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India: Falling Short of Great Power

Aug. 31, 2017 Internal disunity has held New Delhi back from projecting power throughout the subcontinent.

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  • Last updated: September 5
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Summary

India dominates much of the subcontinent it occupies. In terms of land mass, population, economic activity and military capabilities, no other country in the region comes close. And yet, as much as India towers over the region by metrics, it cannot project power in the region proportionate to its size. In this Deep Dive, we’ll explain why this is the case and what would be required for India to reach its potential.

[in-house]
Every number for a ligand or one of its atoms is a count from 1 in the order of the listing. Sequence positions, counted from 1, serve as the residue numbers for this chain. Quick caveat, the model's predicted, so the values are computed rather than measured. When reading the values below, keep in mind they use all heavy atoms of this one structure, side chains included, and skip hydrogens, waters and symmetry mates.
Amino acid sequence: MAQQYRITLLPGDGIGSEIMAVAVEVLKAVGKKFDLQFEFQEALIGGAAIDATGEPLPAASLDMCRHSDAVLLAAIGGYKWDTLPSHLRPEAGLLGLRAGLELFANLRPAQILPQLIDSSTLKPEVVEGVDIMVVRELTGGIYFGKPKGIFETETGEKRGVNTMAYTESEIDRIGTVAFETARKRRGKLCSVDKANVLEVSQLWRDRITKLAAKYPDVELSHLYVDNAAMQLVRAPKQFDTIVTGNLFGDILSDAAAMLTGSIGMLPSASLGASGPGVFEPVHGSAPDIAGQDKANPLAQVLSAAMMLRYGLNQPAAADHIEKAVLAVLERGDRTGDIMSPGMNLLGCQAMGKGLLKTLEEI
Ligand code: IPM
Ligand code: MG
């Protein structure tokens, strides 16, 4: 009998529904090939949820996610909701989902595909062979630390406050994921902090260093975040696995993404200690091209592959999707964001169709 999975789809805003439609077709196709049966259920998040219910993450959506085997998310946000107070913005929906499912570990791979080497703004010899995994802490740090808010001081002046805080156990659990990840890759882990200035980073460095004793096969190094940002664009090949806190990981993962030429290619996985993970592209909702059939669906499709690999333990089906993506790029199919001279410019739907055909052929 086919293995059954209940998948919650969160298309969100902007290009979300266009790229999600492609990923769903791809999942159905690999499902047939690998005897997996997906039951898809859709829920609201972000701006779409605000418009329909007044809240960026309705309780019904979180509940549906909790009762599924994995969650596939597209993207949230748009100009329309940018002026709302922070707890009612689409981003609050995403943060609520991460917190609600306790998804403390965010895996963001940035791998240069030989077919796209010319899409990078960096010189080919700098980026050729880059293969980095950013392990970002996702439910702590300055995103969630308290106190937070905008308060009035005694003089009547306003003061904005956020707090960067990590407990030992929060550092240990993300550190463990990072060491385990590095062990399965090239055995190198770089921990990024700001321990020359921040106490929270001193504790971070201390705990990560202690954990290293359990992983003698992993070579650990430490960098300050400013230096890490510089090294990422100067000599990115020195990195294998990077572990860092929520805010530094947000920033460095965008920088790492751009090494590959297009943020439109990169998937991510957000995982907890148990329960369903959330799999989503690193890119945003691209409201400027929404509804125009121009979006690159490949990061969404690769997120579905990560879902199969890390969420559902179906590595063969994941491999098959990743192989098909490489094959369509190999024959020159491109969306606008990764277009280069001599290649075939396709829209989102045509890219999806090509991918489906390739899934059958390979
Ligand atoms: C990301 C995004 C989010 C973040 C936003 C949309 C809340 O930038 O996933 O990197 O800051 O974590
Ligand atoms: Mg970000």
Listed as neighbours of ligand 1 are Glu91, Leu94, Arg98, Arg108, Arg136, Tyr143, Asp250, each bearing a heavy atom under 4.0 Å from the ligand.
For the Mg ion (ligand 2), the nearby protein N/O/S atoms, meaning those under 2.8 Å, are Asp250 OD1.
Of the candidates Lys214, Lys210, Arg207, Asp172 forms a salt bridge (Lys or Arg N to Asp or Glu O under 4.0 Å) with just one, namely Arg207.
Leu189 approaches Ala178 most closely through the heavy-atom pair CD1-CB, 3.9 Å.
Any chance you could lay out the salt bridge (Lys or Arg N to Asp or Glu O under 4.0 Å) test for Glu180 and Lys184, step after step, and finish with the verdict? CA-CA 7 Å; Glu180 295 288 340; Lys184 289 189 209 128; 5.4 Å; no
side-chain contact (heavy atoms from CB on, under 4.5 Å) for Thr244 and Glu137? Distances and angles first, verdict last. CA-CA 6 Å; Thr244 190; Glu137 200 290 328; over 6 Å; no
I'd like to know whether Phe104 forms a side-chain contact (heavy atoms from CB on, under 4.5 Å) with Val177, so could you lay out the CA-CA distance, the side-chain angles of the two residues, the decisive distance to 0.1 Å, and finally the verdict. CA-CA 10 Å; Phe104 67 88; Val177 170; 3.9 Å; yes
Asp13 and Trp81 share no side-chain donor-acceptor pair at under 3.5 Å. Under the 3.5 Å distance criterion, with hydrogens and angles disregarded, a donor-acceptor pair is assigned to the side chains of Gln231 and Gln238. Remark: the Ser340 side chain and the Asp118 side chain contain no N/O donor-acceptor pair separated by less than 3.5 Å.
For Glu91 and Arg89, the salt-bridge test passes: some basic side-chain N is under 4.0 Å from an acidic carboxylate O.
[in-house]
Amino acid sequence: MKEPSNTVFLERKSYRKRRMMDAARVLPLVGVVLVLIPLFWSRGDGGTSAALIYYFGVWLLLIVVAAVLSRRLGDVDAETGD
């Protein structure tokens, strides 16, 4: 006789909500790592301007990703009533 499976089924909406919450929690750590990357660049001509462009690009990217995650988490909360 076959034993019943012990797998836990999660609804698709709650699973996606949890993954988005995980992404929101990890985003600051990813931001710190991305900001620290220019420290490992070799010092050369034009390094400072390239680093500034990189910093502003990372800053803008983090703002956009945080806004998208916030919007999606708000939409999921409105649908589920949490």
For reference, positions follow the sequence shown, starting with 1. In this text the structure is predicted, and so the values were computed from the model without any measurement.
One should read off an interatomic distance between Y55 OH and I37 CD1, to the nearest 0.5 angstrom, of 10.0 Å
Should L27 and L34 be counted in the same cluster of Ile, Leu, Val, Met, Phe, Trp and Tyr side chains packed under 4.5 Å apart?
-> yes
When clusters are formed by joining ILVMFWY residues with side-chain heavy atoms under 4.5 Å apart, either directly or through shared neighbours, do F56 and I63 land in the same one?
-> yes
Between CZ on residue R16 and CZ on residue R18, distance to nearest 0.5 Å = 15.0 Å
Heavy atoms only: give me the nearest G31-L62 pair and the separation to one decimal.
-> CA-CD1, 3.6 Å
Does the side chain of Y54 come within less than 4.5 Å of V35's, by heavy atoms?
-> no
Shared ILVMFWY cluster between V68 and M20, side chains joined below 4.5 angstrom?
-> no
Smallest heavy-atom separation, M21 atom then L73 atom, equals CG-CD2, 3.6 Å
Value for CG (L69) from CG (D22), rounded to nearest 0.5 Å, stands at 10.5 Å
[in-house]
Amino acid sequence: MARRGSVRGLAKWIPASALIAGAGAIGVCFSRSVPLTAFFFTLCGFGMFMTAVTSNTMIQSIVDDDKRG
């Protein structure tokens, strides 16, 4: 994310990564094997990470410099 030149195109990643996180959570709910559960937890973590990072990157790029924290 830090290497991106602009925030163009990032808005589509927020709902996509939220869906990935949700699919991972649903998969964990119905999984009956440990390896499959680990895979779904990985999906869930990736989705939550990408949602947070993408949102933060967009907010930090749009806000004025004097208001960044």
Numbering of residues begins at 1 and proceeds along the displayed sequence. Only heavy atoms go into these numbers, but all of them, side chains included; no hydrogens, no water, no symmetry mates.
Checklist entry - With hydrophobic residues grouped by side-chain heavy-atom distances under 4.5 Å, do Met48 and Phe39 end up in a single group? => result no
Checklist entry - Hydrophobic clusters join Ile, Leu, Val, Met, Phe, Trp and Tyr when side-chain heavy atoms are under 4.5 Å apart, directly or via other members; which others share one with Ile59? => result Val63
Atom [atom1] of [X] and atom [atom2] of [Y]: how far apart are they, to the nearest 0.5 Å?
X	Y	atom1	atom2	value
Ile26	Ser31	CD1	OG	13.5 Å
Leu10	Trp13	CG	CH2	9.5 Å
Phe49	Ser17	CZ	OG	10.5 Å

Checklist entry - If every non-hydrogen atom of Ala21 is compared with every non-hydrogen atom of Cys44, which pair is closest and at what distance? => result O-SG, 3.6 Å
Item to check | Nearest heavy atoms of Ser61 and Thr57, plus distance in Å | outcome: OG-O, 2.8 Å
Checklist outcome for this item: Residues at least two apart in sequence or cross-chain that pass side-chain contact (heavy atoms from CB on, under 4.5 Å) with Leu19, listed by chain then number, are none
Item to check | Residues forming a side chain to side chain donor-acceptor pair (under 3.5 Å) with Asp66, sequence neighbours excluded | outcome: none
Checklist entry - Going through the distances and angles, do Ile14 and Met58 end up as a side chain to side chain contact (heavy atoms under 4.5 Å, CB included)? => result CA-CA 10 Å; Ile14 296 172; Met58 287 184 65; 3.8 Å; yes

A Corridor to the Core

A country’s core is the area that is critical for geopolitical survival, where the key components necessary to sustain life intersect. India’s core lies within the Indo-Gangetic Plain, where the Ganges River meets the southern foothills of the Himalayas. Before independence, when colonial India included present-day Pakistan, the core extended westward to include both sides of the Indus River. The flat terrain is hospitable to settlement and agriculture, and its proximity to the Ganges ensures a freshwater supply. The humid, sub

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India: Falling Short of Great Power